The Swift is Six Moon Designs “ultralight” backpack, and for a pretty good reason. The newly designed 2011 Swift pack is listed at a scant 15 oz, although, this is without a hip belt or an aluminum stay. However, part of the redesign of the pack was to make the pack more versatile. What this means is that the pack will now accept an optional (removable) hip belt as well as an aluminum stay. The pack does however sport an inner pad pocket which will allow a users sleeping pad to be folded and then inserted into the sleeve which then provides the actual structure for the pack.
If the Swift on its own is not quite enough for ya, Six Moon Designs offer options to beef the pack up a little and still remain quite light. There are 2 different hip belt options available for this pack:
- The Wing Belt: Features large dual hip belt pockets and is offered in a size small (4 oz), medium (4.5 oz) and large (4.5 oz). All sizes cost $30 extra.
- The Webbing Belt: This is a simple one inch piece of webbing that is attached in two places on each side of the pack and closes in the front with a single buckle. (Weight is 2 oz and cost $7.50.)
The Swift is also built so that an optional aluminum hoop stay can be inserted into the pack which is a great option for people who do not use foam sleeping pads. Using this stay will create an internal structure and removes the need for a foam pad to provide the structure. The stay is listed at 4 oz and cost $20.
So… I recently received my very own Six Moon Designs 2011 Swift in the mail just a few days ago (in plenty of time for an upcoming trip!) and here is my First Look video:
So, just to highlight some of the specs on my Swift:
- Swift Pack (medium): 14.7 oz
- Wing Belt (medium): 4.1 oz
- Aluminum Hoop Stay: 4.6 oz
Now onto some of my thoughts on the pack as well as how it packs up for me for my intended use.
So, as you can see in the video, I had some issues with the size of the pack. Simply put, it is huge! With the collar fully extended, it is actually about an inch taller than the Circuit, however, it is slightly narrower than the Circuit. As well, the outside pockets on the Swift do not have as much room as in the Circuit. With this in mind, the Swift is slightly smaller than the Circuit…
The first time I loaded the pack up, I must say that my heart sank. With my gear inside the Swift, there was just as much room left inside as in my Circuit, so I was sitting there looking at the pack thinking I just duplicated my Circuit. I unpacked and repacked… tried and tried…
Finally I realized that the pack was not going to work with my gear with the stay inside the pack. The stay was making the pack too big, so it had to go (bummer I just spent $20 extra for it…) However, I wasn’t too keen on using a ccf pad in the pad pocket. I use a NeoAir and at this time of the year I do not need a second pad. My point of getting this pack was not only to have a smaller pack, but also to reduce weight. By carrying an extra pad I am looking at carrying extra, unneeded weight. However, if I did not use the stay, my only other option for me was to use a ccf pad.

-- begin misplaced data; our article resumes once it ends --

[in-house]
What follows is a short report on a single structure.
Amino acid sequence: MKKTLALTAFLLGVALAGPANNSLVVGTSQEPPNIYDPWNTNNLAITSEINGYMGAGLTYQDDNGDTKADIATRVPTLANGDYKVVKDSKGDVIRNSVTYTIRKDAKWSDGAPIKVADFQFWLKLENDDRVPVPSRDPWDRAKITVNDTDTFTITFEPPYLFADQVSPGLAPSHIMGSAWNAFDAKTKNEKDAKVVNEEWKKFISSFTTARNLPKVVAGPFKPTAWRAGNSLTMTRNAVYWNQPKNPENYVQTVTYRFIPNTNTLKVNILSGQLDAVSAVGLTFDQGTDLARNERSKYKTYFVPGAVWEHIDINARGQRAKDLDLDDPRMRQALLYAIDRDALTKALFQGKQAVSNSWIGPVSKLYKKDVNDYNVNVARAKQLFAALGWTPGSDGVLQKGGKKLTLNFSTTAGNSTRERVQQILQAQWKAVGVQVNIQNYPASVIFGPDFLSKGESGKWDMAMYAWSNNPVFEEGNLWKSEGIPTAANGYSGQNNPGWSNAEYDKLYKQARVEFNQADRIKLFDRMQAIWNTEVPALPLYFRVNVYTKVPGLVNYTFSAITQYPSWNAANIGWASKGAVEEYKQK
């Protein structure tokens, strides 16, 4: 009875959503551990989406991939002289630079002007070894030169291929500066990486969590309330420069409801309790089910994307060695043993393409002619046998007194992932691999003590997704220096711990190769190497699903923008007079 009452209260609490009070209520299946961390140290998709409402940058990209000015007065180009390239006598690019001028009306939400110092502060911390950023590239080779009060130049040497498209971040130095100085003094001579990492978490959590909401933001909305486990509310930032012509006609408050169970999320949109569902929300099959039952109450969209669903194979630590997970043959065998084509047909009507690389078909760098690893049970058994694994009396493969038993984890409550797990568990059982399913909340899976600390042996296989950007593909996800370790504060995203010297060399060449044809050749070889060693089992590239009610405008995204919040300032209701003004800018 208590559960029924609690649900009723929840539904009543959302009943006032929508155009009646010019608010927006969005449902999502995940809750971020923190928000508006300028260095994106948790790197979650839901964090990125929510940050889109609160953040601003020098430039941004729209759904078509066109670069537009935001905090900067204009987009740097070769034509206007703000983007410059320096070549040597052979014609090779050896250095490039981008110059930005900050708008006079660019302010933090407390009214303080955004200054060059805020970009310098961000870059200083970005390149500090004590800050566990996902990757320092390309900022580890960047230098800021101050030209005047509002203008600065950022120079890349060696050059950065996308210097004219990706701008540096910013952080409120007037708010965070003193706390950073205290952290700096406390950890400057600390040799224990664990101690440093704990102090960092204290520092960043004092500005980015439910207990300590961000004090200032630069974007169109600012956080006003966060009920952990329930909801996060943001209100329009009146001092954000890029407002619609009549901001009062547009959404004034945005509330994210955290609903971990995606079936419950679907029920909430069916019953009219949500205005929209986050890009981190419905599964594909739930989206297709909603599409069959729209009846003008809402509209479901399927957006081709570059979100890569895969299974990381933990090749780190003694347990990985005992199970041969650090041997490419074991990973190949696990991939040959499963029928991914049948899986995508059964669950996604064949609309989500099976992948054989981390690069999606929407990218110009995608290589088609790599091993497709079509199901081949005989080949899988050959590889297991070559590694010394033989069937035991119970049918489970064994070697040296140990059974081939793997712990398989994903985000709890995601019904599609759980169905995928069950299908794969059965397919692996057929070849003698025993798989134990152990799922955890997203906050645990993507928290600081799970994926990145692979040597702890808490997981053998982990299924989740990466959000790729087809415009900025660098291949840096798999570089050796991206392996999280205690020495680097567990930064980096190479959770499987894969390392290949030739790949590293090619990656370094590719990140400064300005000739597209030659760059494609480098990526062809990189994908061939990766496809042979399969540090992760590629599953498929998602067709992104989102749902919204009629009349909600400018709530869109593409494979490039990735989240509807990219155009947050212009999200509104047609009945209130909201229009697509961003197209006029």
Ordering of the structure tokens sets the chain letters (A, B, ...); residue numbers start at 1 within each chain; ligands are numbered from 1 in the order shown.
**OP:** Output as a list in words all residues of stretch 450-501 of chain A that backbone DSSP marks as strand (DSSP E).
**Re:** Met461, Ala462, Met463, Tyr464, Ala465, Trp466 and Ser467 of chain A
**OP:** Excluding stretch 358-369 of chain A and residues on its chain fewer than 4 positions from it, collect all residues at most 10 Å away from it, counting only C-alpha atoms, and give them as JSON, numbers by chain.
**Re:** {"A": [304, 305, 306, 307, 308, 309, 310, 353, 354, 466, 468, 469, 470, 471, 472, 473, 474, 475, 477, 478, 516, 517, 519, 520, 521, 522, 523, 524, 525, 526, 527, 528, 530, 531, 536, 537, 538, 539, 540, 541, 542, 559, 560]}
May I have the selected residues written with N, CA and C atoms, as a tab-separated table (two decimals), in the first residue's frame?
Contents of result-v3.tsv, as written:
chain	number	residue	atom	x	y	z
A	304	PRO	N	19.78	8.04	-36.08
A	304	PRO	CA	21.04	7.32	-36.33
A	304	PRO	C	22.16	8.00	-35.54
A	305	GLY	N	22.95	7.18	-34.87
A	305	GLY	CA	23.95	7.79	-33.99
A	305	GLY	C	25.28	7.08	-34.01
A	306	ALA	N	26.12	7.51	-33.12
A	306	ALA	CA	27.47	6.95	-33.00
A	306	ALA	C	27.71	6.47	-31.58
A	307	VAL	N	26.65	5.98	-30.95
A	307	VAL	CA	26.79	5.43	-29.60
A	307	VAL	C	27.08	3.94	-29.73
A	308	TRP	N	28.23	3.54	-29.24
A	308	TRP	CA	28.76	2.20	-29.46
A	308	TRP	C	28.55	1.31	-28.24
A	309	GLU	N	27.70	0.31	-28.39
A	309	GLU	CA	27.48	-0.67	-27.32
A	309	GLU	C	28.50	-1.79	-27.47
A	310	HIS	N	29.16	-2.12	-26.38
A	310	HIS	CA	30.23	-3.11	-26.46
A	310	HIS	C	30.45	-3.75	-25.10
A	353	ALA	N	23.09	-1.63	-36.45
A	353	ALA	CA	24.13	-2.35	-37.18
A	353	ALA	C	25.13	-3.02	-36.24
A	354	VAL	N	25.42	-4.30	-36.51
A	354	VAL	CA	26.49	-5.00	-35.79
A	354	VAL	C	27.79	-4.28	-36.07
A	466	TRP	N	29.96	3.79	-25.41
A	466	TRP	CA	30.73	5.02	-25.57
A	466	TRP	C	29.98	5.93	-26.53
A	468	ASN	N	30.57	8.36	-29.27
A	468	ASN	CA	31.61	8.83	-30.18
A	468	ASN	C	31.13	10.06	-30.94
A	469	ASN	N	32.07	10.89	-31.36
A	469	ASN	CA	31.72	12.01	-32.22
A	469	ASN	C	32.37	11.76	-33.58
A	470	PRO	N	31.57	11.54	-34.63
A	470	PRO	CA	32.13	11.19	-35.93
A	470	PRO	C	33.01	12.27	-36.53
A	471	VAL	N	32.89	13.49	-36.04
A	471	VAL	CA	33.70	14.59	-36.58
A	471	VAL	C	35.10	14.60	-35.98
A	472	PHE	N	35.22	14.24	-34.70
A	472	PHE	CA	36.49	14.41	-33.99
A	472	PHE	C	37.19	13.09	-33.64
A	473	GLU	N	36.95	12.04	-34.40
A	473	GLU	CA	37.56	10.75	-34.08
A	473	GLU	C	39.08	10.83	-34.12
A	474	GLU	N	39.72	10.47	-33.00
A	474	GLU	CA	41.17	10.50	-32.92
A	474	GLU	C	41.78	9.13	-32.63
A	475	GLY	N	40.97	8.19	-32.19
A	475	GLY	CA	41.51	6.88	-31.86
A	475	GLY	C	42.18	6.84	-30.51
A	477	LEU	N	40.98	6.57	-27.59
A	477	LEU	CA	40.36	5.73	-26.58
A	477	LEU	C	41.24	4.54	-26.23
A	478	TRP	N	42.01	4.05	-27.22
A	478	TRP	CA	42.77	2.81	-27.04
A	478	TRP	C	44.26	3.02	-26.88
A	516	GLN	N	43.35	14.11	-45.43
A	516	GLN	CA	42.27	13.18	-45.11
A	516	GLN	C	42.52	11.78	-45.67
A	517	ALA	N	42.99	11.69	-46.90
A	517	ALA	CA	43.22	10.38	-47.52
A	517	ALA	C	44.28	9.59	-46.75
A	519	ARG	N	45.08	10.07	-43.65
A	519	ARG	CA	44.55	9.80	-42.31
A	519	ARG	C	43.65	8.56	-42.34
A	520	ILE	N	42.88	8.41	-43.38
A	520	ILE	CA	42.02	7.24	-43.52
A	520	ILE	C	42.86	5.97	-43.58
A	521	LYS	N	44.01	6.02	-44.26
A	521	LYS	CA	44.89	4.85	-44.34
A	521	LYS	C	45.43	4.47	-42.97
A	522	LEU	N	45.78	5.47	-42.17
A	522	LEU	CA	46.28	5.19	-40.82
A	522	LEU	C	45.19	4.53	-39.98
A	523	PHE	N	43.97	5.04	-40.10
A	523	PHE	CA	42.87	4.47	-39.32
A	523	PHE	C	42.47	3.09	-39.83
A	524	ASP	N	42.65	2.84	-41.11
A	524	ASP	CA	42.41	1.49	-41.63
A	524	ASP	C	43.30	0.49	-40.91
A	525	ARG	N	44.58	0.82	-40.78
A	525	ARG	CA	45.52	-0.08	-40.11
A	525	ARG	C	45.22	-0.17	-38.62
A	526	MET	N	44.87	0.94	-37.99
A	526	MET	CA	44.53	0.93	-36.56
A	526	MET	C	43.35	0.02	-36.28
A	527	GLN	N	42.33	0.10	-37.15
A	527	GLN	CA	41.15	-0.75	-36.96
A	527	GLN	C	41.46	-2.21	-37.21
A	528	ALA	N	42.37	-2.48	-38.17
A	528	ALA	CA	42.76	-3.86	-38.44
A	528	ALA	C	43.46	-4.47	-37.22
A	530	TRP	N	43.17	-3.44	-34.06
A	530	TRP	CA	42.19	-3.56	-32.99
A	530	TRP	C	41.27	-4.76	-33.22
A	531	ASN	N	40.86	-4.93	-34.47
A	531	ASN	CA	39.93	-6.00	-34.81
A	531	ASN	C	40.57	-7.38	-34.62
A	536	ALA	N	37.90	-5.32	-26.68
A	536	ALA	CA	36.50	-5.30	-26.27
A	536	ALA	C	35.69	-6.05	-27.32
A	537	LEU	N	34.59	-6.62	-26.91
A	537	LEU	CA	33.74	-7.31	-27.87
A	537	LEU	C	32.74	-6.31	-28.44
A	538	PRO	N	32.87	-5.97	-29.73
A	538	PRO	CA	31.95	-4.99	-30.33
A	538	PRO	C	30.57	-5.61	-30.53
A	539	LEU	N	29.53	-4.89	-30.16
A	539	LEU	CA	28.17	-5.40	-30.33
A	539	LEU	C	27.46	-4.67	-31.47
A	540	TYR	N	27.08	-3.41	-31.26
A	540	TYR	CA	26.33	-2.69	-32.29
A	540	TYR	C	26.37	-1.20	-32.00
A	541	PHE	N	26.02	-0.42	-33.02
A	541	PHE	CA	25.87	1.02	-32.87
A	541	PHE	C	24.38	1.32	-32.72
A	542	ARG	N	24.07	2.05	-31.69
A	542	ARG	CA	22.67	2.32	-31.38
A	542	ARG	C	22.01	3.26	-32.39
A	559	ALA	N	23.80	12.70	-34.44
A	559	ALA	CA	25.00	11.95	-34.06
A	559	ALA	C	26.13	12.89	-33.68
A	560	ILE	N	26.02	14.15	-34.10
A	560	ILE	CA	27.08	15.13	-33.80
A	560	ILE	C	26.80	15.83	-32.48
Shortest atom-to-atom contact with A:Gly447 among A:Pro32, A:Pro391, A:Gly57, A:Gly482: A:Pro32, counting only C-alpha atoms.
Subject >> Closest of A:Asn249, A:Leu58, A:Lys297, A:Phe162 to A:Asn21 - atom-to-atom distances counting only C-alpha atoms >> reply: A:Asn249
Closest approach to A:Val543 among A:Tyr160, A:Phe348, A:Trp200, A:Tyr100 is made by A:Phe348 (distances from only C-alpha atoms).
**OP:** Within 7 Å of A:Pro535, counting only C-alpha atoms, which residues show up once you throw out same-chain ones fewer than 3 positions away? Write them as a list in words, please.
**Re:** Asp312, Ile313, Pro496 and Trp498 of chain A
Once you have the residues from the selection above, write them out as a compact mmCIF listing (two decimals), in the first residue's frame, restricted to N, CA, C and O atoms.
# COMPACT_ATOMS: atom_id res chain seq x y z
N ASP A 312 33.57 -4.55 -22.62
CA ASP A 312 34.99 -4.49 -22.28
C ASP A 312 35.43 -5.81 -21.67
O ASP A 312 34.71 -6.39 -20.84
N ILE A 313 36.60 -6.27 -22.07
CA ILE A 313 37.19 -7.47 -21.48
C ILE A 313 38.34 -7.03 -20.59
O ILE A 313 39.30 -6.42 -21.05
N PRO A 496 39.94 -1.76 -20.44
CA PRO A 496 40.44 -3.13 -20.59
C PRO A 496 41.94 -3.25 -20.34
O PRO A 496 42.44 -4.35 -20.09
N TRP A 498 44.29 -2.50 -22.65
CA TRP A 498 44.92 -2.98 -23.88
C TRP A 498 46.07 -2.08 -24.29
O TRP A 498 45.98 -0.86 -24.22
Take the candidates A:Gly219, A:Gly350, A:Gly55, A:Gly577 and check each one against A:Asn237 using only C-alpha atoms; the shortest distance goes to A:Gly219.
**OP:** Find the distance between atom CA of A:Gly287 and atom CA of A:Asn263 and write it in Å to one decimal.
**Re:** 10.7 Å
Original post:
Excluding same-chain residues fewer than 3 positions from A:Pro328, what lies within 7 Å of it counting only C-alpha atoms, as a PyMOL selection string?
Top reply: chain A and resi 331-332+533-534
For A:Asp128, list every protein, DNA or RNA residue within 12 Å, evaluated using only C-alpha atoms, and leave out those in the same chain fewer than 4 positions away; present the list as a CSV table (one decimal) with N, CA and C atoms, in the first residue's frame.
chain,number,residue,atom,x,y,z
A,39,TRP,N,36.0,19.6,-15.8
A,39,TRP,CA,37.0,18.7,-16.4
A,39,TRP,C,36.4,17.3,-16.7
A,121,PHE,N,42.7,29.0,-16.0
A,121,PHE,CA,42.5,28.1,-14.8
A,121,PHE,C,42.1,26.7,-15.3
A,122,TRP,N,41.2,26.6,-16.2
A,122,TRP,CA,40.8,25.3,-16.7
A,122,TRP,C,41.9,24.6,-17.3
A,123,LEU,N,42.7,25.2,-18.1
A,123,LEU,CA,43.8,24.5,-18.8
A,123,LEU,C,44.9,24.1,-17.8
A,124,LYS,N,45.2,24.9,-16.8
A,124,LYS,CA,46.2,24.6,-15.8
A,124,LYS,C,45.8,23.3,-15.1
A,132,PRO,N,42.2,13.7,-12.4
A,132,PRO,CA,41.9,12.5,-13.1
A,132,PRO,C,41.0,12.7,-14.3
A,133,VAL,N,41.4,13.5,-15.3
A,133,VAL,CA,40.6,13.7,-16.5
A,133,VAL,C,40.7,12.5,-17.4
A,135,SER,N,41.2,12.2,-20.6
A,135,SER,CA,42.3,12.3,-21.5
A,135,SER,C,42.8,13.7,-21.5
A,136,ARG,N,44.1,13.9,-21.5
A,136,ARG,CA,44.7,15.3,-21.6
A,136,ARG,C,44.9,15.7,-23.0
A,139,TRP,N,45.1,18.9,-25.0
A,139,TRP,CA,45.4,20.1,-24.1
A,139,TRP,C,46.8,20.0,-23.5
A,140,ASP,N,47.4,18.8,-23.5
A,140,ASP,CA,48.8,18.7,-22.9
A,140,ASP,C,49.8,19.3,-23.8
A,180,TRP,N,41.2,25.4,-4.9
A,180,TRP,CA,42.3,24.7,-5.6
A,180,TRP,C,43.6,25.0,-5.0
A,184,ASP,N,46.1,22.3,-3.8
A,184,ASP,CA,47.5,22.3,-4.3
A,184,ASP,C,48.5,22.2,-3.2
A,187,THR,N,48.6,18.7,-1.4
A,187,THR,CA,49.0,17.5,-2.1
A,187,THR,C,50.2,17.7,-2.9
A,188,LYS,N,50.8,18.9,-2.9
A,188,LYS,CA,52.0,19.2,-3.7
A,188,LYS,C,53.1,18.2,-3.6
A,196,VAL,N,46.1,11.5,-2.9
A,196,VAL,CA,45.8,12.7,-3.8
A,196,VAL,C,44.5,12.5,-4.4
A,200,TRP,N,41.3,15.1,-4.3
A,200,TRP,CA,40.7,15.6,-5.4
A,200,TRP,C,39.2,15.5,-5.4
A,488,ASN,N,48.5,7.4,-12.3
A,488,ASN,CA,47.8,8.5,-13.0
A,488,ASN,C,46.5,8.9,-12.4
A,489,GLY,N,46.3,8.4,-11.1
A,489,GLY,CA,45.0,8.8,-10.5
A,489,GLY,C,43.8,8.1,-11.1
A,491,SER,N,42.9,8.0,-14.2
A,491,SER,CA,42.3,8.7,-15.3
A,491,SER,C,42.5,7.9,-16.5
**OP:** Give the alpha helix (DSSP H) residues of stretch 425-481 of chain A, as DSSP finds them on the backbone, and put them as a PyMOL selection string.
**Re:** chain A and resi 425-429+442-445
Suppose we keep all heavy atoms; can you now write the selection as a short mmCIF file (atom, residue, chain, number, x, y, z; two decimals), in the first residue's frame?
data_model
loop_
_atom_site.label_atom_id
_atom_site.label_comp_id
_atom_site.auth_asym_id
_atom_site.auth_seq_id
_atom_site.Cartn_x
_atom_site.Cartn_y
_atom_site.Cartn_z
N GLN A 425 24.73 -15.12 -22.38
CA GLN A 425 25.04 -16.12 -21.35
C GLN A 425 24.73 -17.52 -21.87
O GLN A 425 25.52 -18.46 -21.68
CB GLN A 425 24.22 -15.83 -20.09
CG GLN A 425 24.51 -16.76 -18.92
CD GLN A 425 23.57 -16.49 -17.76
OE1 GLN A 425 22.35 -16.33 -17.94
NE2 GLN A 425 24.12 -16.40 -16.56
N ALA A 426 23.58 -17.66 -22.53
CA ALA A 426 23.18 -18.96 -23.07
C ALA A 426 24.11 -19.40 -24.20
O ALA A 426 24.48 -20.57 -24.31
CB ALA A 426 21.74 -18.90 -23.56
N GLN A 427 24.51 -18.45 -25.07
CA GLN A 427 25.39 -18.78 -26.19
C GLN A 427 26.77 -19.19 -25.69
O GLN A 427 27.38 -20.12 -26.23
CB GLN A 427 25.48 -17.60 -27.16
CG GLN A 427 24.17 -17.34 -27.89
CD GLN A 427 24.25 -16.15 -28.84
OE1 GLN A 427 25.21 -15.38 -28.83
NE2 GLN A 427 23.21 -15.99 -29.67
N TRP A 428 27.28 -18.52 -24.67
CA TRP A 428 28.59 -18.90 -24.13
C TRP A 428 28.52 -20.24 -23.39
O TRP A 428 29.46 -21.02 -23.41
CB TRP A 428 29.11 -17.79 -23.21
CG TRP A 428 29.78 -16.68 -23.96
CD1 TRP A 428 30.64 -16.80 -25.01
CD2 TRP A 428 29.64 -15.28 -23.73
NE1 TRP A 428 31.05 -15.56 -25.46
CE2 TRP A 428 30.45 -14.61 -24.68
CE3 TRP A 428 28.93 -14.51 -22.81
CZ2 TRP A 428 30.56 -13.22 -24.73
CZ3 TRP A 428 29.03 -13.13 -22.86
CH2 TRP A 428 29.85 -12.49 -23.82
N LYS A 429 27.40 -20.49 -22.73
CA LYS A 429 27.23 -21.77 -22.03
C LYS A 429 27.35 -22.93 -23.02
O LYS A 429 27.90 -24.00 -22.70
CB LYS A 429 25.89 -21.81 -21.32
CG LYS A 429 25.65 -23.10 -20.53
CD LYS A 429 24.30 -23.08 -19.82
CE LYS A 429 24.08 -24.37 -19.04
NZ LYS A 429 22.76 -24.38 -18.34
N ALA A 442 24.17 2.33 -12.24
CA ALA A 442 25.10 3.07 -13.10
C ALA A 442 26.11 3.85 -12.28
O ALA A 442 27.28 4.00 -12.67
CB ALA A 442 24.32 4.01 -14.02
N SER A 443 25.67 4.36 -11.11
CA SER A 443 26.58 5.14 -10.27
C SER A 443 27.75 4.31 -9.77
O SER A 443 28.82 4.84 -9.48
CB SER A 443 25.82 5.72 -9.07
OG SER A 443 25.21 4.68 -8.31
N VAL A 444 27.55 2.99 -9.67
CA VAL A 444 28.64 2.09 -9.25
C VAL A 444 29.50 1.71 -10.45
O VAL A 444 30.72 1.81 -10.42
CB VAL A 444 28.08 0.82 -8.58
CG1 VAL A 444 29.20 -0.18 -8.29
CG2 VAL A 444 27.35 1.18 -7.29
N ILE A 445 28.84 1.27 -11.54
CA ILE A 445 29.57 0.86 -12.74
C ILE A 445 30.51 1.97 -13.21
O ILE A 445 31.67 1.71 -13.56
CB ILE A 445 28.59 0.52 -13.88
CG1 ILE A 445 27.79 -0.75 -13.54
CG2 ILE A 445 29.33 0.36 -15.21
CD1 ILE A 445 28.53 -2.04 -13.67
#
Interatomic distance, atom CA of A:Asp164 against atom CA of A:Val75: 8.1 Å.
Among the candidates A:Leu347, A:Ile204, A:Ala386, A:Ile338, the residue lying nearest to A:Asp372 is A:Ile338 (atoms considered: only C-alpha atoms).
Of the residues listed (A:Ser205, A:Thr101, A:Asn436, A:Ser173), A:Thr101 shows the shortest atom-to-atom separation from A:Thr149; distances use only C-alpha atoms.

I ended up buying a cheapo blue ccf pad and chopping it down to fit inside the pad pocket. After thinking about it, I realized that by removing the stay I had at least 4.6 oz to work with to keep the same amount of weight as if I were to use the stay. So, happily I realized that with the blue ccf pad cut to size (and doubled over so that it is 2-layers thick) actually weighs 1 full oz less than if I were to use the stay (3.6 oz)! I am sure that I am giving up some of the ability of proper weight transfer, however with the weights I will be carrying I think that it will manage well. Also, since I use the ccf pad inside the pack, I am able to roll more of the top of the pack down, which means I can compress the pack a little better.
So, as can be seen in the second video, my gear fits inside the pack ok when using the foam back pad. The top does not compress down as much as I would like, but that should be ok. I will be leaving for a 4 day (55 mile) trip in a few weeks so this should be a great time to see how the pack does for me.
For a detailed gear list that I will be carrying for this trip, check it out here:
To be honest, I wouldn’t mind having a smaller volume pack, but in my search I haven’t really found any other packs with a smaller volume and offers what the Swift offers. For this reason, I am going to keep the Swift rather than send it back.
So, my first impression of the Swift is that it is big, possibly too big. However, I do love the way that the pack is laid out, I like that I can add or remove the stay or the hip belt (ultimately reducing weight) and I really liked the price point. So, I would not say that I am unhappy with the purchase, but I will definitely need to use it a few times to see just how happy I am with it… (But I will add that I usually find that the things I am not so sure about in the beginning ends up being the ones that seem to really work out…)
Thanks for reading!